A heroine to warm the heart and a mystery to chill the blood.

ERNESTINE, CATASTROPHE QUEEN

A young zombie enthusiast tries to bring about the apocalypse and uncovers a murder plot instead in Wyatt’s middle-grade debut.

Harriet the Spy meets Coraline in this horror romp starring almost-13-year-old Ernestine Montgomery. Intent on jump-starting the apocalypse and with a zombie survival guide already written, Ernestine, with the help of her white stepbrother Charleston, tries to raise the undead from a nearby cemetery. Plans are derailed a bit, however, with the attempted murder of their landlady, and the eccentric, “retired artists, both performing and otherwise” who share their apartment building are thrown under suspicion. Wyatt has created a bright, determined, and emotionally complex protagonist to join the illustrious roster of young mystery-solvers and monster-slayers: Ernestine barely blinks when tracking down a would-be homicidal maniac is added to her apocalyptic to-do list. Past trauma, a delicate mother-daughter relationship, and premeditated violence bring a balance of gravitas to the delightfully macabre narrative without slowing it down. Wyatt makes some awkward missteps in representation, overemphasizing the hair textures—and misbehavior—and skin tones of biracial Ernestine and her mother in comparison to brief eye- and hair-color descriptions for white characters such as Charleston. Despite this, the narrative will have readers asking for the sure-to-come sequel.

A heroine to warm the heart and a mystery to chill the blood. (Mystery. 9-12)

Pub Date: Aug. 7, 2018

ISBN: 978-0-316-47158-9

Page Count: 304

Publisher: Jimmy Patterson/Little, Brown

Review Posted Online: May 23, 2018

Kirkus Reviews Issue: June 15, 2018

Did you like this book?

No Comments Yet

A smart, fresh take on an old favorite makes for a terrific series kickoff

THE GREAT SHELBY HOLMES

From the Shelby Holmes series , Vol. 1

A modern Sherlock Holmes retelling brings an 11-year-old black John Watson into the sphere of know-it-all 9-year-old white detective Shelby Holmes.

John's an Army brat who's lived in four states already. Now, with his parents' divorce still fresh, the boy who's lived only on military bases must explore the wilds of Harlem. His new life in 221A Baker St. begins inauspiciously, as before he's even finished moving in, his frizzy-haired neighbor blows something up: "BOOM!" But John's great at making friends, and Shelby certainly seems like an interesting kid to know. Oddly loquacious, brusque, and extremely observant, Shelby's locally famous for solving mysteries. John’s swept up in her detecting when a wealthy, brown-skinned classmate enlists their help in the mysterious disappearance of her beloved show dog, Daisy. Whatever could have happened to the prizewinning Cavalier King Charles spaniel? Has she been swiped by a jealous competitor? Has Daisy’s trainer—mysteriously come into enough money to take a secret weekend in Cozumel—been placing bets against his own dog? Brisk pacing, likable characters, a few silly Holmes jokes ("I'm Petunia Cumberbatch," says Shelby while undercover), and a diverse neighborhood, carefully and realistically described by John, are ingredients for success.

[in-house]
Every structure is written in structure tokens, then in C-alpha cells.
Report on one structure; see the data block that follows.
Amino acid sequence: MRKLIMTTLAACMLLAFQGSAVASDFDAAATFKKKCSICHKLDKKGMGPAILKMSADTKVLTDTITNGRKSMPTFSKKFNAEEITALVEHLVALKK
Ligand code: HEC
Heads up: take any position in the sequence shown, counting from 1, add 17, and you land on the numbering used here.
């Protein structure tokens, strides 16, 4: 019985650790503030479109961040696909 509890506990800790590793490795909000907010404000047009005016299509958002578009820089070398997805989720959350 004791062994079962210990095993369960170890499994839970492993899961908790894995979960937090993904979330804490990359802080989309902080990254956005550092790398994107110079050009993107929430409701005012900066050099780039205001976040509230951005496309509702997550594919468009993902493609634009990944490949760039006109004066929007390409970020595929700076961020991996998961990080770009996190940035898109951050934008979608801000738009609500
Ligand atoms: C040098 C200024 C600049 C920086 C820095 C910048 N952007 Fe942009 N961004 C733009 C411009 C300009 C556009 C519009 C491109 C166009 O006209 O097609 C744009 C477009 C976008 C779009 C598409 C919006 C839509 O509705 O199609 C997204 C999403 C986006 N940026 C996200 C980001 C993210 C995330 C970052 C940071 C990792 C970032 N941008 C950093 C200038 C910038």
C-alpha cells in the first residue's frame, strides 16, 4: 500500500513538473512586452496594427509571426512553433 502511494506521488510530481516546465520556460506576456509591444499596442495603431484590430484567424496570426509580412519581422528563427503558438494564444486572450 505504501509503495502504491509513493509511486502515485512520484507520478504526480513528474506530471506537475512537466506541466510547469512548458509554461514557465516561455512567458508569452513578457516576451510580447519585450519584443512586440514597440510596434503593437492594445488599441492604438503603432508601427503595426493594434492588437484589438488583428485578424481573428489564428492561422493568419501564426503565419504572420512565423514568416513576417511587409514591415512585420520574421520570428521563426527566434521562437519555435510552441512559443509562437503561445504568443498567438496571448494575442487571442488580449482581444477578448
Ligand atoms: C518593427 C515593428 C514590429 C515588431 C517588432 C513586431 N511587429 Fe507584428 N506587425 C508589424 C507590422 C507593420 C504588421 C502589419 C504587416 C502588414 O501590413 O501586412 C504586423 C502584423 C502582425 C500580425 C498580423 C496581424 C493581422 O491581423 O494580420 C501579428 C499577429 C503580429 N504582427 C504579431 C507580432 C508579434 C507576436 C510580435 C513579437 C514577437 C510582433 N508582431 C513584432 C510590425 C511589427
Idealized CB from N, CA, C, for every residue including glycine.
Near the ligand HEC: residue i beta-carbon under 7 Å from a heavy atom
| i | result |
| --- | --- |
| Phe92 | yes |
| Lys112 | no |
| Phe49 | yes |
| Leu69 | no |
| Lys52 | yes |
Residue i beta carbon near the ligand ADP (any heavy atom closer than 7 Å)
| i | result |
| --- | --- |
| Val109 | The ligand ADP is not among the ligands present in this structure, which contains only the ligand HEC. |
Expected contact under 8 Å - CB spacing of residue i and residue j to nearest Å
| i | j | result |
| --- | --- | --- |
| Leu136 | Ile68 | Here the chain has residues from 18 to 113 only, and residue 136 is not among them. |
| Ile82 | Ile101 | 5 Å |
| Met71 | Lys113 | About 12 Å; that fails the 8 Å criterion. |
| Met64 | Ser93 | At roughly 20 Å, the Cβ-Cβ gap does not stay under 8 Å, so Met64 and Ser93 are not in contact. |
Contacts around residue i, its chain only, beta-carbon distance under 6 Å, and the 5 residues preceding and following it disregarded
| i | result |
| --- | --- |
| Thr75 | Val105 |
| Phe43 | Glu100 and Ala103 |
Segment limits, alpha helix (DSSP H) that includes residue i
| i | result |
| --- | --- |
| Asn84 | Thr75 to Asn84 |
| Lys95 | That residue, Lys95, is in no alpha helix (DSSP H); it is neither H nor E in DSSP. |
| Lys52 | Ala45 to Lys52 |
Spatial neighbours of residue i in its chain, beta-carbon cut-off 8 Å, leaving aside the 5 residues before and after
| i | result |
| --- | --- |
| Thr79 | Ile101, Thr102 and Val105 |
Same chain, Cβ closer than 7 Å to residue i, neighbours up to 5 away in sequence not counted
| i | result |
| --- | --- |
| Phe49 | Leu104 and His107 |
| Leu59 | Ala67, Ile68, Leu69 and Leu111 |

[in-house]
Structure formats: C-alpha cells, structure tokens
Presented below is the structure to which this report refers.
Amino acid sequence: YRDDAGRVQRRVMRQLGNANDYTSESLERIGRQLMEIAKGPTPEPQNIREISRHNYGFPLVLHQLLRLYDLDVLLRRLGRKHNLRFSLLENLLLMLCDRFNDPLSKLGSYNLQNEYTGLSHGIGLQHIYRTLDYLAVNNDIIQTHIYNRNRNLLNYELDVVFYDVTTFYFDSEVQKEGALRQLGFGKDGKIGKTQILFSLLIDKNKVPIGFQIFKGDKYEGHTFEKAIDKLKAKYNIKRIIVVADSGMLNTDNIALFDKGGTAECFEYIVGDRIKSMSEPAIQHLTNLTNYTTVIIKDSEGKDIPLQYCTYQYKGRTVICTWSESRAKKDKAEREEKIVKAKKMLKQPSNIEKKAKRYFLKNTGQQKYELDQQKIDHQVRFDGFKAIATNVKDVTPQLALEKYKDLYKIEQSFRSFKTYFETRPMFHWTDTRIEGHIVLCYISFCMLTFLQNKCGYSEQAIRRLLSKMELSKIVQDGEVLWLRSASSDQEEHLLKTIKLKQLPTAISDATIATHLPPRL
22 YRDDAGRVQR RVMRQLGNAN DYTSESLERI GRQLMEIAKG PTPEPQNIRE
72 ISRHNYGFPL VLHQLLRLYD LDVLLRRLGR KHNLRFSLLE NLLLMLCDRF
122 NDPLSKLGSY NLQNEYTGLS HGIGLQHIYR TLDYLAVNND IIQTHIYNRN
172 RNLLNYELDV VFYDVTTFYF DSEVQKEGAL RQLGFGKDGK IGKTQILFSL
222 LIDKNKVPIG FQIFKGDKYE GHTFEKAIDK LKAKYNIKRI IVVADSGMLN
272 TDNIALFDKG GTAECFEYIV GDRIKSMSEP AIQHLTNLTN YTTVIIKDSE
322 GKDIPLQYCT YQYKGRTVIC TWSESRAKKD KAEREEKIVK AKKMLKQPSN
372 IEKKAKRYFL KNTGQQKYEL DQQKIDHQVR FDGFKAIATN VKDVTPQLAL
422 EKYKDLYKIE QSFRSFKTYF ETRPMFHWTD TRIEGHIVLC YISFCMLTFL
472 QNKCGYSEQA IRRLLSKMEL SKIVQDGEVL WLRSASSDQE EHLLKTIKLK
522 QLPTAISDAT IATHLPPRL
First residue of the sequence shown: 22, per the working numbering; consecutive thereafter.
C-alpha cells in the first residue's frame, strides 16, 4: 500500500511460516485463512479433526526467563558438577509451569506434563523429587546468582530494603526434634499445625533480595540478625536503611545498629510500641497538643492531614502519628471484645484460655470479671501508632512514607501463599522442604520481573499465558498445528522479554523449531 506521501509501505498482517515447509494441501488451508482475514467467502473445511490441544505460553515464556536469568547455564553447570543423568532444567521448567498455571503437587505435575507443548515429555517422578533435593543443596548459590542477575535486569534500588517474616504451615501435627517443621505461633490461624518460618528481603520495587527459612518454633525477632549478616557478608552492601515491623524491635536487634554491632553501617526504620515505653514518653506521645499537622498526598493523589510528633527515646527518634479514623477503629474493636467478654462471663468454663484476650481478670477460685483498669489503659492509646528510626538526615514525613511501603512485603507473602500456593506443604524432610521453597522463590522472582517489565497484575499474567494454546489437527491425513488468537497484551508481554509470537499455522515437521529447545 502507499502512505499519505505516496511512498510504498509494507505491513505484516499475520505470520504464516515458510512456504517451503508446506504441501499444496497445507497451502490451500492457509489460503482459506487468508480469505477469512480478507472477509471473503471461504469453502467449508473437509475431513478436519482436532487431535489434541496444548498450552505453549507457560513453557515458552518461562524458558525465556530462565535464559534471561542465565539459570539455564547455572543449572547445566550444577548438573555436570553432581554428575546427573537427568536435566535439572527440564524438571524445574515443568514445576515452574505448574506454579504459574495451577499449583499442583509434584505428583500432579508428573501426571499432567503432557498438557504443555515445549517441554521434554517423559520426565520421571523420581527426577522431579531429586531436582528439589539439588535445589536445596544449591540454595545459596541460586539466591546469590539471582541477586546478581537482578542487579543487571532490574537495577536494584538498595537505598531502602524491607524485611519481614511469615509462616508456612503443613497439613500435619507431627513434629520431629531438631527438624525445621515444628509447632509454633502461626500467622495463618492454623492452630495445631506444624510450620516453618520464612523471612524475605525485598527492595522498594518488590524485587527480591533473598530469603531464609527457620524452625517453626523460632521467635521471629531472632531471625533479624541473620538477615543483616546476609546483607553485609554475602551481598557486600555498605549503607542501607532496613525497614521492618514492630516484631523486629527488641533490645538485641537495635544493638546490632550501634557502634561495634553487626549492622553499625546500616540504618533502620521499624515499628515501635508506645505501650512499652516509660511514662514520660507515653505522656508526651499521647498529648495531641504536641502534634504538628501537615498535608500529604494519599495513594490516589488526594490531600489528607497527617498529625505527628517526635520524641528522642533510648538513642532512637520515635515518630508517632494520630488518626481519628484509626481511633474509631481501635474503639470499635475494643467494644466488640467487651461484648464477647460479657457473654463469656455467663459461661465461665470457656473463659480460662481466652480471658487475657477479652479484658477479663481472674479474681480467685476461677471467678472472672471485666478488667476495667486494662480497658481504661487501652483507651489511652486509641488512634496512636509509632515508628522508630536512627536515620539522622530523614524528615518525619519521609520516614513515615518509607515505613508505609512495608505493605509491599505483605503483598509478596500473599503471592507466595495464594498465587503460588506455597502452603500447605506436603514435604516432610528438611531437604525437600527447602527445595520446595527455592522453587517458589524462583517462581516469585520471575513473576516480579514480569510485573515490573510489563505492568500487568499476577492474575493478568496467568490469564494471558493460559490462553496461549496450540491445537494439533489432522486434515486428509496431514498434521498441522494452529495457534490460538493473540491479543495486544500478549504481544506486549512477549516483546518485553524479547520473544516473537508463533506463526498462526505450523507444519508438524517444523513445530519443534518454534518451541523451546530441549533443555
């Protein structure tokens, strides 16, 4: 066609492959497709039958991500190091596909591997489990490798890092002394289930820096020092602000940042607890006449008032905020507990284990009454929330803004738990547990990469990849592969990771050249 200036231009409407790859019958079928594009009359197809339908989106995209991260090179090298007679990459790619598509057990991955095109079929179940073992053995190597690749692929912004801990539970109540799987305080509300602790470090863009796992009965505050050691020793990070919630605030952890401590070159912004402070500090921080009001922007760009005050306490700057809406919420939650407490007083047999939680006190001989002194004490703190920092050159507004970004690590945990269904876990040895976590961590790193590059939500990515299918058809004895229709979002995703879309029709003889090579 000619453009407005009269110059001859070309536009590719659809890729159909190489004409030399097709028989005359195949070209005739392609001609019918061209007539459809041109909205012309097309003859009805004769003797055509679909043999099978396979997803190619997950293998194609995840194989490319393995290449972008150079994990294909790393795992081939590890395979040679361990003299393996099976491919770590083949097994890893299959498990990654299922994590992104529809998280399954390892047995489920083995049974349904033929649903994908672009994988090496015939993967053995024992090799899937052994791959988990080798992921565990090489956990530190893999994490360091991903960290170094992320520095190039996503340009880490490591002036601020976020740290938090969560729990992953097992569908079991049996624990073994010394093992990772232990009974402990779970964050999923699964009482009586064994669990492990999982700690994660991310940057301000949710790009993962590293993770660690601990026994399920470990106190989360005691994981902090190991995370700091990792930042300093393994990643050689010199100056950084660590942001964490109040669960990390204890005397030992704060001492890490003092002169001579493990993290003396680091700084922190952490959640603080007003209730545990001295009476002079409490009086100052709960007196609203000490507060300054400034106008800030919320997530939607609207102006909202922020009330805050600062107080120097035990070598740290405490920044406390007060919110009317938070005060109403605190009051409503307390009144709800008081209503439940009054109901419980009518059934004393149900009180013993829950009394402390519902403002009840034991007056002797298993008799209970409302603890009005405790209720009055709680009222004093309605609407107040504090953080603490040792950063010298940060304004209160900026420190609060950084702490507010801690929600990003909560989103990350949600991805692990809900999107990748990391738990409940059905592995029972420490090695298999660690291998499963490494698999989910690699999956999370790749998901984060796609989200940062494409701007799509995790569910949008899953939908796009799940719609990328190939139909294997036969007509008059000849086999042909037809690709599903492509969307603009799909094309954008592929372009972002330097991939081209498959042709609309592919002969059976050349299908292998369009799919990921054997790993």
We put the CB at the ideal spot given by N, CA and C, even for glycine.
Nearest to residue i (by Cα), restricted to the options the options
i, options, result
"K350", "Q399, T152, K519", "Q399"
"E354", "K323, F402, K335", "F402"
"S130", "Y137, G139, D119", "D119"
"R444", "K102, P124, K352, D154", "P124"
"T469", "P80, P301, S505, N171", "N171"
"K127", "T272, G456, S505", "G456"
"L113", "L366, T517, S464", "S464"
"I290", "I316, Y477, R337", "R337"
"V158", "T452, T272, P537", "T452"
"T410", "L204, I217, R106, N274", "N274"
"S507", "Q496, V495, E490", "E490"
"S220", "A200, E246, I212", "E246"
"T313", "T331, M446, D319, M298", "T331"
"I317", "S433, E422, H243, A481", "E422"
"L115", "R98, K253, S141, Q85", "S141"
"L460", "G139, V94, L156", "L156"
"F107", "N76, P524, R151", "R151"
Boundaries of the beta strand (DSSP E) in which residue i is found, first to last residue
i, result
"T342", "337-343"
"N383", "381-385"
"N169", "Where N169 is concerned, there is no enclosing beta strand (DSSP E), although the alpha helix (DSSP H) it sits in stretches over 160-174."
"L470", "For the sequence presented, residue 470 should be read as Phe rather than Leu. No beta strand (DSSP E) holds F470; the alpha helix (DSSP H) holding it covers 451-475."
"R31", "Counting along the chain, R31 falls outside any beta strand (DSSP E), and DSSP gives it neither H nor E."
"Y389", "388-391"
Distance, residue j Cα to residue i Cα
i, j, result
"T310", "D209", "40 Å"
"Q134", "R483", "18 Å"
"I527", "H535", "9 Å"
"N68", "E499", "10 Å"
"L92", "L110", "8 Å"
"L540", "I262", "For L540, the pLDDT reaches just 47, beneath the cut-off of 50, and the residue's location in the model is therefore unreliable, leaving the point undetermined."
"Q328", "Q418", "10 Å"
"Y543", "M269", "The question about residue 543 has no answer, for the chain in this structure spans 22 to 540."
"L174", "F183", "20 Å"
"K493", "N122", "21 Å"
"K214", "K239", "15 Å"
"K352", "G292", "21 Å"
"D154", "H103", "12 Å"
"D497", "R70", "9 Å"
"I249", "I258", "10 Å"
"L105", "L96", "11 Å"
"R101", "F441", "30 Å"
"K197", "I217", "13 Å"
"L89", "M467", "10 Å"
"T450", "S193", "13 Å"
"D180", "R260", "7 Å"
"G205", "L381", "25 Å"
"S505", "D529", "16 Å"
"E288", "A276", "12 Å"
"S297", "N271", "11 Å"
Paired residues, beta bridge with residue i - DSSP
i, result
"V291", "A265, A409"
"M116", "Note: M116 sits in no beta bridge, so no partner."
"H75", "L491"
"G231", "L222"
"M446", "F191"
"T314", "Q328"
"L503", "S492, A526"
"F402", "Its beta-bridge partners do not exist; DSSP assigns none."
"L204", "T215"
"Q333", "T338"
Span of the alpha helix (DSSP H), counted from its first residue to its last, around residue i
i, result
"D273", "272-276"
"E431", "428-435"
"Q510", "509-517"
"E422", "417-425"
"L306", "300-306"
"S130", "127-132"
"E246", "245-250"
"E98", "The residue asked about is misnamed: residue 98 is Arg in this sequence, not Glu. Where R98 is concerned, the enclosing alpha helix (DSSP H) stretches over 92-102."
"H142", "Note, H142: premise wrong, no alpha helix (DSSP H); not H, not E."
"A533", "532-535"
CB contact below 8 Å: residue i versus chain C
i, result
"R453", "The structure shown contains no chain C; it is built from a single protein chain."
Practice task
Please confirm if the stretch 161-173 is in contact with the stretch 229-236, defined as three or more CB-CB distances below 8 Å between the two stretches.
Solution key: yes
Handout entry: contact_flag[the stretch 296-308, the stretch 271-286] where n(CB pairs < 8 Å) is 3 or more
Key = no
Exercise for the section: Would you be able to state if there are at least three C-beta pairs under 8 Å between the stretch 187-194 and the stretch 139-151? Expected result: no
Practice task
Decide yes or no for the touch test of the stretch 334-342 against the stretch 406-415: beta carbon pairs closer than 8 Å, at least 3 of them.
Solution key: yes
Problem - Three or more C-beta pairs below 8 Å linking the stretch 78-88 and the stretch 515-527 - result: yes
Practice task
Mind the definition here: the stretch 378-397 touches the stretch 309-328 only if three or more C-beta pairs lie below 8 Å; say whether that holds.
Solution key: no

A smart, fresh take on an old favorite makes for a terrific series kickoff . (Mystery. 9-11)

Pub Date: Sept. 6, 2016

ISBN: 978-1-68119-051-8

Page Count: 240

Publisher: Bloomsbury

Review Posted Online: June 22, 2016

Kirkus Reviews Issue: July 1, 2016

Did you like this book?

No Comments Yet

Pratchett-like worldbuilding centers immigrant kids in a story filled with culture, humor, and heart.

THE YEAR I FLEW AWAY

At home in Haiti, 10-year-old Gabrielle Marie Jean loves the rain, scary stories, beating the boys in mango-eating contests, and her family, most of all.

When her parents’ paperwork issues mean she must immigrate to the United States alone, every heavenly thing she believes about America can’t outweigh the sense of dread she feels in leaving everything she knows behind. A preternaturally sensitive child, Gabrielle feels responsible for not only her own success, but her whole family’s, so the stakes of moving in with her uncle, aunt, and cousins in Brooklyn are high—even before Lady Lydia, a witch, tries to steal her essence. Lydia makes her an offer she can’t refuse: achieving assimilation. Arnold skillfully fuses distinct immigrant experiences with the supernatural to express a universally felt desire for belonging. Gabrielle desperately wants to fit in despite the xenophobia she experiences every day and despite making new, accepting friends in Mexican American Carmen and Rocky the talking rat-rabbit. But in trying to change herself, Gabrielle risks giving Lydia the power to conquer Brooklyn. Gabrielle is a charming narrator, and of course, good guy (girl) magic wins out in the end, but the threat to immigrant lives and identities is presented poignantly nonetheless in this richly imaginative origin story of one Haitian American girl that offers a fantastical take on immigrant narratives.

Pratchett-like worldbuilding centers immigrant kids in a story filled with culture, humor, and heart. (Fiction. 9-12)

Pub Date: Feb. 2, 2021

ISBN: 978-0-358-27275-5

Page Count: 256

Publisher: Versify/HMH

Review Posted Online: Nov. 27, 2020

Kirkus Reviews Issue: Dec. 15, 2020

Did you like this book?

No Comments Yet
more